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Germany to be short of 384,000 Kita places ‘by 2023’

A new study has revealed that Germany is facing a shortage of hundreds of thousands of nursery places by next year.

A young boy plays with bricks in a nursery school in Potsdam
A young boy plays with bricks in a nursery school in Potsdam. Photo: picture alliance/dpa | Bernd Settnik

According to new calculations for the nationwide State Monitor of Early Childhood Education, there is likely to be a shortage of around 384,000 Kita places nationwide in 2023, creating more stress for new parents as they battle to access childcare. 

The shortfall is most prominent in western Germany, where 362,400 additional childcare places are required to bridge the gap. In eastern Germany, in contrast, just 21,200 extra places are needed.

In order to meet the demand, 93,700 specialists would have to be hired in the west and 4,900 in the east, the Bertelsmann foundation, who carried out the study, announced on Thursday. This would result in additional personnel costs totalling €4.3 billion per year.

READ ALSO: EXPLAINED: Everything you need to know about parental leave in Germany

Bertelsmann’s estimates are based on surveys from 2021 that reveal that parents’ demand for daycare places significantly outstrips the number of daycare places available across almost all German states.

According to the analysis, the largest shortfall exists in Germany’s most populous federal state, North Rhine-Westphalia, where 101,600 extra Kita places are needed. In Mecklenburg-Western Pomerania and Thuringia, on the other hand, no expansion of places is necessary.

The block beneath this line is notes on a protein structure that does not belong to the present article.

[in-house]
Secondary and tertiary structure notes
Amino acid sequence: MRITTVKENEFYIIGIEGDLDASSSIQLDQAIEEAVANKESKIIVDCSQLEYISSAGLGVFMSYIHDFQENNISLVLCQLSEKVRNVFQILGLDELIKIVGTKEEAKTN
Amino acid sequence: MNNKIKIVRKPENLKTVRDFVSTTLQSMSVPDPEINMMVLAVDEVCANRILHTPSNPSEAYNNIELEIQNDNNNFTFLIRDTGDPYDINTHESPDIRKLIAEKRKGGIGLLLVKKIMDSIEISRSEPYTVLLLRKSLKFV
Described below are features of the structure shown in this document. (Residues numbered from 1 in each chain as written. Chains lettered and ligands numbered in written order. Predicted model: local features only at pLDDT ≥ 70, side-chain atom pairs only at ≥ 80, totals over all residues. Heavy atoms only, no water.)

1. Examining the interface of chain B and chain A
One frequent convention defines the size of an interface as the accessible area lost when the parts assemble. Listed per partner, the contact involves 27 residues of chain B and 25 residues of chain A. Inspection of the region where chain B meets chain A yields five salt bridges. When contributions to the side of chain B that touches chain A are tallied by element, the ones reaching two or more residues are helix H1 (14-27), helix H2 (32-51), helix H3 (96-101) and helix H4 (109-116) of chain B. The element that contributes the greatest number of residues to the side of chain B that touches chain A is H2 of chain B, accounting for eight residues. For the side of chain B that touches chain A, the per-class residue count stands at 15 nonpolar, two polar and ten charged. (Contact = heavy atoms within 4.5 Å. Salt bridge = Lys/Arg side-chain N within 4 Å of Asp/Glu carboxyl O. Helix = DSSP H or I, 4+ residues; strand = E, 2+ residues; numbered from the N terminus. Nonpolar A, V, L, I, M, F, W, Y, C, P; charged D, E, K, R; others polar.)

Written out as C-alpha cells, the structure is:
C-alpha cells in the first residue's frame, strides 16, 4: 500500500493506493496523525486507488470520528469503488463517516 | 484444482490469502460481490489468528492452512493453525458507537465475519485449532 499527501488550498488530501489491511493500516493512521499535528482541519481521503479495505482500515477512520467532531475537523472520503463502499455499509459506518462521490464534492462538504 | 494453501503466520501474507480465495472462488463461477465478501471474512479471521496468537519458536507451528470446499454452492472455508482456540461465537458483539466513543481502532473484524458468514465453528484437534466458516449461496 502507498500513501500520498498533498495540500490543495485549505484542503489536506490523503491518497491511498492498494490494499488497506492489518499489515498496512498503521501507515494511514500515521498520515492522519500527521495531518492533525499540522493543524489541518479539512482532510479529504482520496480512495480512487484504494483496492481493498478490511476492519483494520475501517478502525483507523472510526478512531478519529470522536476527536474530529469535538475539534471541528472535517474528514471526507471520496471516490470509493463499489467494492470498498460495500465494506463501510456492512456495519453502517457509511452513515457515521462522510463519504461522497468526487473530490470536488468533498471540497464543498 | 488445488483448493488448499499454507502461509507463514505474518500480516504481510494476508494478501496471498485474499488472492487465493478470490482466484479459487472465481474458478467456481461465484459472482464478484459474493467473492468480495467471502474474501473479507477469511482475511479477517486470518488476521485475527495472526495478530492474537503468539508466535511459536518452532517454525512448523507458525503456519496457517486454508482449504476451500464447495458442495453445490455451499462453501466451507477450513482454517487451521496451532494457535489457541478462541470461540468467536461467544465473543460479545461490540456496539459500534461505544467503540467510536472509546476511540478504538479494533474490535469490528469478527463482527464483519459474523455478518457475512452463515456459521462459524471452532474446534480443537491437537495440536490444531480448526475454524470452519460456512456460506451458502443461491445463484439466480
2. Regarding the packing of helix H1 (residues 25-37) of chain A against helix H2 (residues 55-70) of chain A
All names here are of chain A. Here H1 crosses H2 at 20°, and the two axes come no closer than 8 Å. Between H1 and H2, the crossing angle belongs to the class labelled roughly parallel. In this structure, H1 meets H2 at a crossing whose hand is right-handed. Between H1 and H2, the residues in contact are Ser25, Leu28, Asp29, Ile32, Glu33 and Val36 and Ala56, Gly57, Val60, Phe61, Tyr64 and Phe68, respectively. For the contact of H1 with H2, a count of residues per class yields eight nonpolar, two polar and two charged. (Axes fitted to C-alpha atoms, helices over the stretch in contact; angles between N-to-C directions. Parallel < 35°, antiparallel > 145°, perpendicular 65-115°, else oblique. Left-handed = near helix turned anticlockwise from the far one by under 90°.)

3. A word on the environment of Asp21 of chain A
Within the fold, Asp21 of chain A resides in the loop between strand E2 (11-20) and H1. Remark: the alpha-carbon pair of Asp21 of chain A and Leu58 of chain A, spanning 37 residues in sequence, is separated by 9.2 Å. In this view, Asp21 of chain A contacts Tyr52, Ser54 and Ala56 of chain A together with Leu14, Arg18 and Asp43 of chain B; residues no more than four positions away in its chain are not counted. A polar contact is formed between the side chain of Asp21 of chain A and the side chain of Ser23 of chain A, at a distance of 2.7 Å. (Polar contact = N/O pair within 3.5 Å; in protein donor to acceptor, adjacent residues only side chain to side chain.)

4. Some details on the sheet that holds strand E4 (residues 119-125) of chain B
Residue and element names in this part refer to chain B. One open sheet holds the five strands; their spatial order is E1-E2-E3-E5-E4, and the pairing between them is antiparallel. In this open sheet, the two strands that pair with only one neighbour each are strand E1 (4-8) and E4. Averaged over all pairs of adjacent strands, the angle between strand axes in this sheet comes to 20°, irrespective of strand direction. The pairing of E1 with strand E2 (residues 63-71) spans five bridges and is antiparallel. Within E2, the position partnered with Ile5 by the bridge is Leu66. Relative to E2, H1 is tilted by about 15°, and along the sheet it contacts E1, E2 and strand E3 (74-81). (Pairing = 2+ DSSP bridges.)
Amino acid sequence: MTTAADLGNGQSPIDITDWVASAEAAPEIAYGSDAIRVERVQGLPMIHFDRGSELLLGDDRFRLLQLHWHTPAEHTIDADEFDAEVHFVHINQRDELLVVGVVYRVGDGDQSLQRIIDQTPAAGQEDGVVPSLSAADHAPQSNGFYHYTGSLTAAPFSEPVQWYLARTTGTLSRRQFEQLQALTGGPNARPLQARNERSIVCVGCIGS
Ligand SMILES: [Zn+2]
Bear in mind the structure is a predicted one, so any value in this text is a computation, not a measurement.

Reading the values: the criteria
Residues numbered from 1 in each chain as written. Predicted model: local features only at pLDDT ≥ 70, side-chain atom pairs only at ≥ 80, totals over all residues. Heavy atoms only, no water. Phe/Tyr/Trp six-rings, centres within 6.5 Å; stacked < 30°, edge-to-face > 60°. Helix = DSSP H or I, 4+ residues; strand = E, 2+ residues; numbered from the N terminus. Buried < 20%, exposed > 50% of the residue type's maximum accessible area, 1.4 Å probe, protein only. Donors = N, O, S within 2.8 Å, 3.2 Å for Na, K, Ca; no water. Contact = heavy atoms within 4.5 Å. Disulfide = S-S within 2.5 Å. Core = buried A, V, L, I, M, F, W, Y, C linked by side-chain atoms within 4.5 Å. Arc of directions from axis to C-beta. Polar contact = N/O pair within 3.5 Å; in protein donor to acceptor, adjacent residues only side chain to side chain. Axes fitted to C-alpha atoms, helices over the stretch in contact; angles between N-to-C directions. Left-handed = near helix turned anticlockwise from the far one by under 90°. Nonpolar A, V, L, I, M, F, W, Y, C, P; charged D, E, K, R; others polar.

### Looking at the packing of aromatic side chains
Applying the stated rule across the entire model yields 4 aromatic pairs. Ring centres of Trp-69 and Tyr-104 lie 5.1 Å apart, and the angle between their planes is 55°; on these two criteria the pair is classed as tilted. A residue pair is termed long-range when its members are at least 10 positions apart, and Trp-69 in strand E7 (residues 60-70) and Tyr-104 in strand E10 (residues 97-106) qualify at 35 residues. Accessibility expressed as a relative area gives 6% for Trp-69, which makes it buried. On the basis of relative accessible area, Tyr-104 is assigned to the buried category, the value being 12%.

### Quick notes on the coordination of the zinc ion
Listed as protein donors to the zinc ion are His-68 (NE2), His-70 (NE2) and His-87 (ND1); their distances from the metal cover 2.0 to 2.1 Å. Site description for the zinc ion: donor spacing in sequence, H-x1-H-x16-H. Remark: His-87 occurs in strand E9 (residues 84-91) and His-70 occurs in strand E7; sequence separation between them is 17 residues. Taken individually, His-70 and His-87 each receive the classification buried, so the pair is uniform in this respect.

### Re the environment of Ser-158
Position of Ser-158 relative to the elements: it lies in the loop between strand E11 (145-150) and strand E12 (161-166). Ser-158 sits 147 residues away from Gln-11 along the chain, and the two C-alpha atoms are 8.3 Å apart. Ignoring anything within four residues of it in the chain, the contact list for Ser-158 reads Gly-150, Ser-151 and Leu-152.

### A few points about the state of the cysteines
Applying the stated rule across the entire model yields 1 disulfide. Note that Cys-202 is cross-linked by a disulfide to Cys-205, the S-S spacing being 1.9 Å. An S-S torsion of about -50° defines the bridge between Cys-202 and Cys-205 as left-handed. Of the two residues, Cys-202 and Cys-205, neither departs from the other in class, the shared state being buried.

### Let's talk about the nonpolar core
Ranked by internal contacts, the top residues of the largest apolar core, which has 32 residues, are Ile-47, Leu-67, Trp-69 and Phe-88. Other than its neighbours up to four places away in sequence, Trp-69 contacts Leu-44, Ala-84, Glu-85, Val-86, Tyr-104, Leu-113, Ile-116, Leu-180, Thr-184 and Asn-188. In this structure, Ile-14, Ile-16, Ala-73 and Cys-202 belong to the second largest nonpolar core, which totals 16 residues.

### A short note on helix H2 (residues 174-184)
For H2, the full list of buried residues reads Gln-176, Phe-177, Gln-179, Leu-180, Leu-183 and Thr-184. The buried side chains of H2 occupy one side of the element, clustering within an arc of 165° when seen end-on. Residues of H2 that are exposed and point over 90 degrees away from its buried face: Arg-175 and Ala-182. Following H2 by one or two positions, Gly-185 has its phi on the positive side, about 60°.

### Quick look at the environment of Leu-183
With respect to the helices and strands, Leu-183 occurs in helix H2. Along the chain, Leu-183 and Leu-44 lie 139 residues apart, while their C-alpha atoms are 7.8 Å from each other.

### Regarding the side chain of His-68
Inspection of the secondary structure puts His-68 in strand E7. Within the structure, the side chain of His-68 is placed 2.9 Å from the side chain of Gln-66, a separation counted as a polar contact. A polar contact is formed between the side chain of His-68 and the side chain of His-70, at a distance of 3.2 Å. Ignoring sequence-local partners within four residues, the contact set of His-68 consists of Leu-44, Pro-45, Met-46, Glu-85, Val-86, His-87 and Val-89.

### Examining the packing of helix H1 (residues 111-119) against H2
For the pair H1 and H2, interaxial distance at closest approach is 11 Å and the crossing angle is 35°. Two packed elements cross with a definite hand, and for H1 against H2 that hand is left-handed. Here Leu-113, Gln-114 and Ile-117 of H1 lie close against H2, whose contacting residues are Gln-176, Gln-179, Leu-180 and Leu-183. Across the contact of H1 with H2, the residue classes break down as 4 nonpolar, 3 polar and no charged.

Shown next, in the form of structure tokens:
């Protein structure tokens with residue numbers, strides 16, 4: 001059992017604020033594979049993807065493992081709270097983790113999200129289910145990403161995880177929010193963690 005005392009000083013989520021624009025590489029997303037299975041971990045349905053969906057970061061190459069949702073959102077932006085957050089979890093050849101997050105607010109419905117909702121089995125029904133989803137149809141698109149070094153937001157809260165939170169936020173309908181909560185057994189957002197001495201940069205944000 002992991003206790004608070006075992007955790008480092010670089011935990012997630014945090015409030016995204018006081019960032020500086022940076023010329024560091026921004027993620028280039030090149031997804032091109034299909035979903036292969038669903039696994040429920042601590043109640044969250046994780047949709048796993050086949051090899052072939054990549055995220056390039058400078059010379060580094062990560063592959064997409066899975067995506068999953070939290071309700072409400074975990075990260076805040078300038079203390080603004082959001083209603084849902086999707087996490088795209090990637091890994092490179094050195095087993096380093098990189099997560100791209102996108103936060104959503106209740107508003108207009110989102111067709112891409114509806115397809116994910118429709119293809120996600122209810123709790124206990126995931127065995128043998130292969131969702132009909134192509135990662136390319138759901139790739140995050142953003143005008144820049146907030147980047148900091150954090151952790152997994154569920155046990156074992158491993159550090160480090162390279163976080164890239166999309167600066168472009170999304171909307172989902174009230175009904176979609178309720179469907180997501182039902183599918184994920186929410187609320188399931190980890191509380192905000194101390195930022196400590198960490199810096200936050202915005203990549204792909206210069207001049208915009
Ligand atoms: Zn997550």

According to the calculations, the need for extra care facilities is highest for children under the age of three. In western German states, around 250,300 additional daycare places for this group are needed, while eastern Germany – including Berlin – faces a shortfall of around 20,700.

As a short-term solution, the study suggests reducing childcare hours in order to make childcare available for more children.

At the same time, a “fundamental definition of the core tasks of day-care centres” is needed, the foundation explained. Daycare centres should also consider whether some day-to-day tasks such as documenting educational procedures or conducting tests can be limited in order to free up more staff time, it added.

Since 2013, children over the age of one have been legally entitled to childcare in Germany. This commitment won’t be met for hundreds of thousands of children next year, the authors of the study revealed.

READ ALSO: How much does childcare cost across Germany?

‘An alarm signal’

Responding to the study’s findings, the German Children’s Fund – a charity dedicated to helping children out of poverty – urged governments to invest more in expanding the childcare offer in Germany.  

“The figures presented today by the Bertelsmann Foundation on the lack of daycare places and the inadequate staffing in many places are not a surprise, but rather another alarm signal,” said Holger Hofmann, Federal Executive Director of the German Children’s Fund. “This cannot continue to be accepted more or less with a shrug of the shoulders.”

In addition to a hiring offensive to plug staffing gaps, the children’s rights organisation believes that more financial resources and uniform national minimum standards for the quality of care are required.